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What kind of world will we leave our children and grandchildren? This question plagues every parent, and because we love our offspring, we want them to have a better world than the one we have now.
In this series of essays we’ve looked at the potential for global cooperation and unity a generation from now. The Baha’i teachings, which include a very well-developed vision for that future world our children and grandchildren will inherit, promise humanity that we can achieve such a vision. Although the state of the world today may not look very promising to most people, and the unification of the planet’s nations may seem too ambitious a goal, Baha’u’llah assures the world that if we unify we can achieve international harmony, cooperation and peace.
These two paragraphs from the Guardian of the Baha’i Faith contain a brief, succinct summary of the overarching goals of that future world order:
The unity of the human race, as envisaged by Baha’u’llah, implies the establishment of a world commonwealth in which all nations, races, creeds and classes are closely and permanently united, and in which the autonomy of its state members and the personal freedom and initiative of the individuals that compose them are definitely and completely safeguarded. This commonwealth must, as far as we can visualize it, consist of a world legislature, whose members will, as the trustees of the whole of mankind, ultimately control the entire resources of all the component nations, and will enact such laws as shall be required to regulate the life, satisfy the needs and adjust the relationships of all races and peoples. A world executive, backed by an international Force, will carry out the decisions arrived at, and apply the laws enacted by, this world legislature, and will safeguard the organic unity of the whole commonwealth. A world tribunal will adjudicate and deliver its compulsory and final verdict in all and any disputes that may arise between the various elements constituting this universal system. A mechanism of world inter-communication will be devised, embracing the whole planet, freed from national hindrances and restrictions, and functioning with marvellous swiftness and perfect regularity. A world metropolis will act as the nerve center of a world civilization, the focus towards which the unifying forces of life will converge and from which its energizing influences will radiate. A world language will either be invented or chosen from among the existing languages and will be taught in the schools of all the federated nations as an auxiliary to their mother tongue. A world script, a world literature, a uniform and universal system of currency, of weights and measures, will simplify and facilitate intercourse and understanding among the nations and races of mankind. In such a world society, science and religion, the two most potent forces in human life, will be reconciled, will cooperate, and will harmoniously develop. The press will, under such a system, while giving full scope to the expression of the diversified views and convictions of mankind, cease to be mischievously manipulated by vested interests, whether private or public, and will be liberated from the influence of contending governments and peoples. The economic resources of the world will be organized, its sources of raw materials will be tapped and fully utilized, its markets will be coordinated and developed, and the distribution of its products will be equitably regulated.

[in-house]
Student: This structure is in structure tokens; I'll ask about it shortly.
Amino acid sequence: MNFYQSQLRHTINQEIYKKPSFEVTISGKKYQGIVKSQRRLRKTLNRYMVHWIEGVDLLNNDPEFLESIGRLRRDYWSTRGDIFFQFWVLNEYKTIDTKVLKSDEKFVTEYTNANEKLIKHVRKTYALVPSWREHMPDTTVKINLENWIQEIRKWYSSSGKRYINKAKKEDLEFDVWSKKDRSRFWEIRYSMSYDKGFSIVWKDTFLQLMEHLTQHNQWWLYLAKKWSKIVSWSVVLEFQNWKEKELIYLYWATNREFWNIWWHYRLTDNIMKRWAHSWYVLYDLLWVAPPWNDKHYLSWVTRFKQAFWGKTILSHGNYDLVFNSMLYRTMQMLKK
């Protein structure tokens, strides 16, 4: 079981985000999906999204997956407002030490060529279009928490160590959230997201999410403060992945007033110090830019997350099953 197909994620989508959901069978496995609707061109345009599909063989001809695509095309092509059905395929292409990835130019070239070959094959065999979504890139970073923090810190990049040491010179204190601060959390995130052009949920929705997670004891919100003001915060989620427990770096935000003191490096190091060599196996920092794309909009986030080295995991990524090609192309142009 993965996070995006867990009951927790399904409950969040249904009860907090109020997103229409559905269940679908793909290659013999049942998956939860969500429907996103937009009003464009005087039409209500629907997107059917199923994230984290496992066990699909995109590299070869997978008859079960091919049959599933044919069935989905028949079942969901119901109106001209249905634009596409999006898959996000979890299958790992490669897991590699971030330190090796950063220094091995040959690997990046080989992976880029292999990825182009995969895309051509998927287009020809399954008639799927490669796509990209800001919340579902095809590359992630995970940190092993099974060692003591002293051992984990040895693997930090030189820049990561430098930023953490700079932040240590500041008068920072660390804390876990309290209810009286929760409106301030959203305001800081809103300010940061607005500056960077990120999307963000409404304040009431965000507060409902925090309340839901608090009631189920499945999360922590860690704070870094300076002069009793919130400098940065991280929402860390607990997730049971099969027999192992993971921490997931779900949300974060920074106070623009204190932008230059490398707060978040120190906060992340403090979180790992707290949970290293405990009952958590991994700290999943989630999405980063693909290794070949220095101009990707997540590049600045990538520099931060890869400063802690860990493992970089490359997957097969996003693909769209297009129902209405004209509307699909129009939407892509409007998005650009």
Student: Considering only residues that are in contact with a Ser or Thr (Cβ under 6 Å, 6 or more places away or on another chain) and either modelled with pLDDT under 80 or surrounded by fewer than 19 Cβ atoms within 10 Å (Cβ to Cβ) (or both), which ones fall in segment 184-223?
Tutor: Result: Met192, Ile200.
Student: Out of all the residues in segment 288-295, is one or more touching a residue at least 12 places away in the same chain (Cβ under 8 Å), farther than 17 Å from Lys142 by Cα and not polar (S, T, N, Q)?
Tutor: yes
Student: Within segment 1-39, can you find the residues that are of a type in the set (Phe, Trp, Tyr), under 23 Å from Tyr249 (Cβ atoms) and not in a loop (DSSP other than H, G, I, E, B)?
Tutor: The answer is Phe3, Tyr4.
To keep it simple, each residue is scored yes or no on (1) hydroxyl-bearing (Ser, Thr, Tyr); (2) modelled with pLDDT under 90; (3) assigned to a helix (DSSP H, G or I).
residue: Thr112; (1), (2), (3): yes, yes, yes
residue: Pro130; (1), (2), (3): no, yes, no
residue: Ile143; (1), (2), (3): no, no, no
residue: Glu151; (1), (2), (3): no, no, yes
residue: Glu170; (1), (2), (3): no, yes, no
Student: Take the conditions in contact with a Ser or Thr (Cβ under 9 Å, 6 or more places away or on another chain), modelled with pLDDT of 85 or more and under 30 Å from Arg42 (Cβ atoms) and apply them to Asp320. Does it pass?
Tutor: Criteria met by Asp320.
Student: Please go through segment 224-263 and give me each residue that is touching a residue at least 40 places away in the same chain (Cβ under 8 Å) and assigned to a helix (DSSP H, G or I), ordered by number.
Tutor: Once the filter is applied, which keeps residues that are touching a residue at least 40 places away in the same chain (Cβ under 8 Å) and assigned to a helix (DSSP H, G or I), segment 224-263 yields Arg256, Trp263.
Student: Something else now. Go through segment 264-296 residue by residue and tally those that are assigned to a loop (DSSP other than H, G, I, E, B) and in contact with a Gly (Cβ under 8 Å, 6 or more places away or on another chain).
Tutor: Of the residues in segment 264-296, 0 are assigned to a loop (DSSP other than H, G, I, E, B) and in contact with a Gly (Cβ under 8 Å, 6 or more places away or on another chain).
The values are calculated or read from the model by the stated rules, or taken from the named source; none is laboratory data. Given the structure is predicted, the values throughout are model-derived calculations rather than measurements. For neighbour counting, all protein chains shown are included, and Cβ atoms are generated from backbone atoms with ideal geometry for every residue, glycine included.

National rivalries, hatreds, and intrigues will cease, and racial animosity and prejudice will be replaced by racial amity, understanding and cooperation. The causes of religious strife will be permanently removed, economic barriers and restrictions will be completely abolished, and the inordinate distinction between classes will be obliterated. Destitution on the one hand, and gross accumulation of ownership on the other, will disappear. The enormous energy dissipated and wasted on war, whether economic or political, will be consecrated to such ends as will extend the range of human inventions and technical development, to the increase of the productivity of mankind, to the extermination of disease, to the extension of scientific research, to the raising of the standard of physical health, to the sharpening and refinement of the human brain, to the exploitation of the unused and unsuspected resources of the planet, to the prolongation of human life, and to the furtherance of any other agency that can stimulate the intellectual, the moral, and spiritual life of the entire human race. – The World Order of Baha’u’llah, pp. 202-204.
The worldwide Baha’i community, and each individual Baha’i, works for the establishment of this far-sighted vision of the future every day.
But Baha’is do not believe that humanity can achieve such a massive and monumental change in our fortunes without a unifying force to guide, assist and inspire us. In the next and final iteration of this series, let’s look at the power of religion, and see if it can possibly fill that role.